Our tendency in the midst of trials is to focus on ourselves. Everyone who’s honest and walking with the Lord through a trial probably realizes this at some point or another. It is so, so easy to turn inward and focus on how we feel and what we need. But in truth the only thing we need is Christ and to worry about other “needs” is to get caught up on distractions from Him and, even worse, tempt us to doubt His faithfulness and goodness and distrust His promises and His sovereign wisdom, implying that He is not doing what’s best for us.
One of the most lethal things for a Christian is self-pity. Think about it: It’s self-centered, it distracts you from Christ and others, it doubts God’s sovereign wisdom and faithfulness and goodness and perfect, loving plan. And it paralyzes you, making you unable to obey and serve God in the place He has put you. You risk losing control of your responsibilities to other people because you become so focused on yourself. We need to learn that self pity simply has to go: 101% of it. NONE LEFT. If you’ve established it as a patterned response to trial it takes a huge battle, training yourself to refuse it whenever it tempts you. We must learn to look away from ourselves and “just do things,” serving Christ and waiting on Him. The battle with self pity, once undertaken, is hard. But it will bear fruit, so be hopeful, trusting God’s promises: “Resist the devil and he will flee from you,” says James (James 4:7).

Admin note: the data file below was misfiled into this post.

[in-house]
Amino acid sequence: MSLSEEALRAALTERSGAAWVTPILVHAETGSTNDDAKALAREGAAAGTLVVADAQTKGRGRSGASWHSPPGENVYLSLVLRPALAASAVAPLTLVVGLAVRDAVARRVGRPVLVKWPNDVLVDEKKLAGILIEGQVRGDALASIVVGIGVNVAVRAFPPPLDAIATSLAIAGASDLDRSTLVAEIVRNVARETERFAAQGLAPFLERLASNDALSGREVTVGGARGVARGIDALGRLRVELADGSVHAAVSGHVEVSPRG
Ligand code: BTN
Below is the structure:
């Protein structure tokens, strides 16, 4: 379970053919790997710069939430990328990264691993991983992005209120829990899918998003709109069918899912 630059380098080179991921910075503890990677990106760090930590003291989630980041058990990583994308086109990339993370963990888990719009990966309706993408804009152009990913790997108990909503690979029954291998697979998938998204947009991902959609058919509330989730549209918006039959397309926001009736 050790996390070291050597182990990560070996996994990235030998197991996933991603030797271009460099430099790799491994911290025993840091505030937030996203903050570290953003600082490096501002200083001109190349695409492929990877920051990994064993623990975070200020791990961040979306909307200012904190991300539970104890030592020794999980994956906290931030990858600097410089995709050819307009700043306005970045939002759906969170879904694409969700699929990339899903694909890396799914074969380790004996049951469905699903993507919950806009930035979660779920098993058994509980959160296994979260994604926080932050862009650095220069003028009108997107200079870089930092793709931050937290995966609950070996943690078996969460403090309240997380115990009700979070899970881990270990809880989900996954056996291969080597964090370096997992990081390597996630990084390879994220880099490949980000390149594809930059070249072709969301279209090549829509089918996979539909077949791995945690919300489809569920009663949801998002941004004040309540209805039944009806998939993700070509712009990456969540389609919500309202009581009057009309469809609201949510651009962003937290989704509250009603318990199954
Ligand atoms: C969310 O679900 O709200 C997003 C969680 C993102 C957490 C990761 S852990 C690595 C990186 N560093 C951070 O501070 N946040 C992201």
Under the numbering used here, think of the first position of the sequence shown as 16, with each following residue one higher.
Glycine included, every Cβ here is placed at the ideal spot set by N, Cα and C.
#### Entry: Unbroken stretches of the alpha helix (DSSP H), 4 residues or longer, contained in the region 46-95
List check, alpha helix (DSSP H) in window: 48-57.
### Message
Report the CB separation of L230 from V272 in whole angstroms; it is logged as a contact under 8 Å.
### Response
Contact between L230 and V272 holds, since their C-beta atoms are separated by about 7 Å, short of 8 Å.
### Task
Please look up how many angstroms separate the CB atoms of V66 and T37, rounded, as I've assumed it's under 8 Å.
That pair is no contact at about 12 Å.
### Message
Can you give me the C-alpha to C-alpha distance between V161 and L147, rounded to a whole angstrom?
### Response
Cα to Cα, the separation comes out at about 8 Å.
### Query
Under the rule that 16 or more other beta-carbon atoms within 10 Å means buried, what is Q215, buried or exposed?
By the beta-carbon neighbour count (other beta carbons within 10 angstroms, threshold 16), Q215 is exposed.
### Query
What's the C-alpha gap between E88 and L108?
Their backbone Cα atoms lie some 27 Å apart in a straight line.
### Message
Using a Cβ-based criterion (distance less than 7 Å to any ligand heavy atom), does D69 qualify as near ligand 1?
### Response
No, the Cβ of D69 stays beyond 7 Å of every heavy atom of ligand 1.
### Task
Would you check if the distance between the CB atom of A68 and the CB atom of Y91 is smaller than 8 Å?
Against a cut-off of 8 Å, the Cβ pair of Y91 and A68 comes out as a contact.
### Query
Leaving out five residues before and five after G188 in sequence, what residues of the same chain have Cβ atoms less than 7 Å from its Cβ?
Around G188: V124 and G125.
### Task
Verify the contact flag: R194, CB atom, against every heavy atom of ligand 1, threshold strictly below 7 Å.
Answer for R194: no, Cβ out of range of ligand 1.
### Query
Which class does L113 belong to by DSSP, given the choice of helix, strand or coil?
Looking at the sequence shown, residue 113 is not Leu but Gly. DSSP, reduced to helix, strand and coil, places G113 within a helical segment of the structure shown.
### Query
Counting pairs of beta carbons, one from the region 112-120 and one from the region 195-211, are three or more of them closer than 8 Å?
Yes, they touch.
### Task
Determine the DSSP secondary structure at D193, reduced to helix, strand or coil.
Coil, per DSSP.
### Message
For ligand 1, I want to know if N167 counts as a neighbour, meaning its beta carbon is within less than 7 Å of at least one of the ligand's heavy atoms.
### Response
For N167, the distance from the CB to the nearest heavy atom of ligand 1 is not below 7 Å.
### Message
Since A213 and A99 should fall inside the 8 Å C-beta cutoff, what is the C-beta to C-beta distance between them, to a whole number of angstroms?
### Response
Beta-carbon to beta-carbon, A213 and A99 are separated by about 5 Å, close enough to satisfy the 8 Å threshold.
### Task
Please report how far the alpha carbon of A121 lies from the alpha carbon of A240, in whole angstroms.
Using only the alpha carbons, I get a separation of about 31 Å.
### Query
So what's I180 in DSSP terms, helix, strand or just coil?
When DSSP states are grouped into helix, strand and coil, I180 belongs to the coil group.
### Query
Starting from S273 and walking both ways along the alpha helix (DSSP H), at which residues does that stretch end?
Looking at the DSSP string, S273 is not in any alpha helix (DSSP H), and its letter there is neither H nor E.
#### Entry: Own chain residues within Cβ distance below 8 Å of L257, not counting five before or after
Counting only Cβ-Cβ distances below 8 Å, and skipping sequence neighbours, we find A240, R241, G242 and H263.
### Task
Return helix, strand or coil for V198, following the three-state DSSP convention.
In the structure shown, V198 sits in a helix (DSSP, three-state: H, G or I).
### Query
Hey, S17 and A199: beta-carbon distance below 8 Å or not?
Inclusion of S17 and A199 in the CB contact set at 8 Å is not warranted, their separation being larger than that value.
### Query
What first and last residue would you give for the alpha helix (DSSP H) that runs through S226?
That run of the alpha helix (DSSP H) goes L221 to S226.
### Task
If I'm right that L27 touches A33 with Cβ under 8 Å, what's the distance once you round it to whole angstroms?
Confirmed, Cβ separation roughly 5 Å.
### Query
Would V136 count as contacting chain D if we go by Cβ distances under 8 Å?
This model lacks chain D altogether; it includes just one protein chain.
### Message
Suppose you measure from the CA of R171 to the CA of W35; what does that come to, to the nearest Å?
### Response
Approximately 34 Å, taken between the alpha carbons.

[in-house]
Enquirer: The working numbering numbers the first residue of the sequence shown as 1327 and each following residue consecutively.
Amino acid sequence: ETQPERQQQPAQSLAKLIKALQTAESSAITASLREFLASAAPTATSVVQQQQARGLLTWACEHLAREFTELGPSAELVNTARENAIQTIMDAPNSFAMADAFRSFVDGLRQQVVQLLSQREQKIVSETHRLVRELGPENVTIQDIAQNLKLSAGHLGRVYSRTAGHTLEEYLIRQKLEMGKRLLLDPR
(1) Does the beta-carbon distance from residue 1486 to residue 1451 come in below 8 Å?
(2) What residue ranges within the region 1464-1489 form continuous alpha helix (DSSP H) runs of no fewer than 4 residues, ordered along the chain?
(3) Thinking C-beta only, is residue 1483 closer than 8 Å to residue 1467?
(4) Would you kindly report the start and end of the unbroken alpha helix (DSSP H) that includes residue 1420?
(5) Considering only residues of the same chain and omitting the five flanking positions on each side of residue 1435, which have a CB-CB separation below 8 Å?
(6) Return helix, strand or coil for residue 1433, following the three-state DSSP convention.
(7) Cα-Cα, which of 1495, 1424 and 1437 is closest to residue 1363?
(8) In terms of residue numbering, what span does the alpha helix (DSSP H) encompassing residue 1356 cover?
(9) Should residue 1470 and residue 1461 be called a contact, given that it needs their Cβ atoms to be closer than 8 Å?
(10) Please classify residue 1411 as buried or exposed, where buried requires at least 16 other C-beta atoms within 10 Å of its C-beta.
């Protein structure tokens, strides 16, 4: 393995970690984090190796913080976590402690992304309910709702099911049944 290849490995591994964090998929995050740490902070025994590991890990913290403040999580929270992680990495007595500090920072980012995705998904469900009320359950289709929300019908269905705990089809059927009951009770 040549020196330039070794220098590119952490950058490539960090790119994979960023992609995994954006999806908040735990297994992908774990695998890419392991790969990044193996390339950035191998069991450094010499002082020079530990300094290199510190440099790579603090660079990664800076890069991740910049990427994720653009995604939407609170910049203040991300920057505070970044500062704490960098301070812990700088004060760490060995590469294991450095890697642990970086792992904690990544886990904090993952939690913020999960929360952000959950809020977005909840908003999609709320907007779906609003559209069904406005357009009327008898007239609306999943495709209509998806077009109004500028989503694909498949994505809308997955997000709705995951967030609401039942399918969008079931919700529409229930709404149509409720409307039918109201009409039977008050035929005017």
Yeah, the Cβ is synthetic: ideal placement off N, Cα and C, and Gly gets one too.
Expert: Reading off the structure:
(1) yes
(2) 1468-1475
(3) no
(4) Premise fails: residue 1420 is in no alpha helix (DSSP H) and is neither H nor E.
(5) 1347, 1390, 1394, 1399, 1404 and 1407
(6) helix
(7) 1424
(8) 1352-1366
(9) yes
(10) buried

Learning to discipline our emotions and will so that we don’t indulge in feelings of self pity will set us free to a stability and happiness that equips us for serving God and others with cheerful abandon. The trick is to keep our eyes off of ourselves.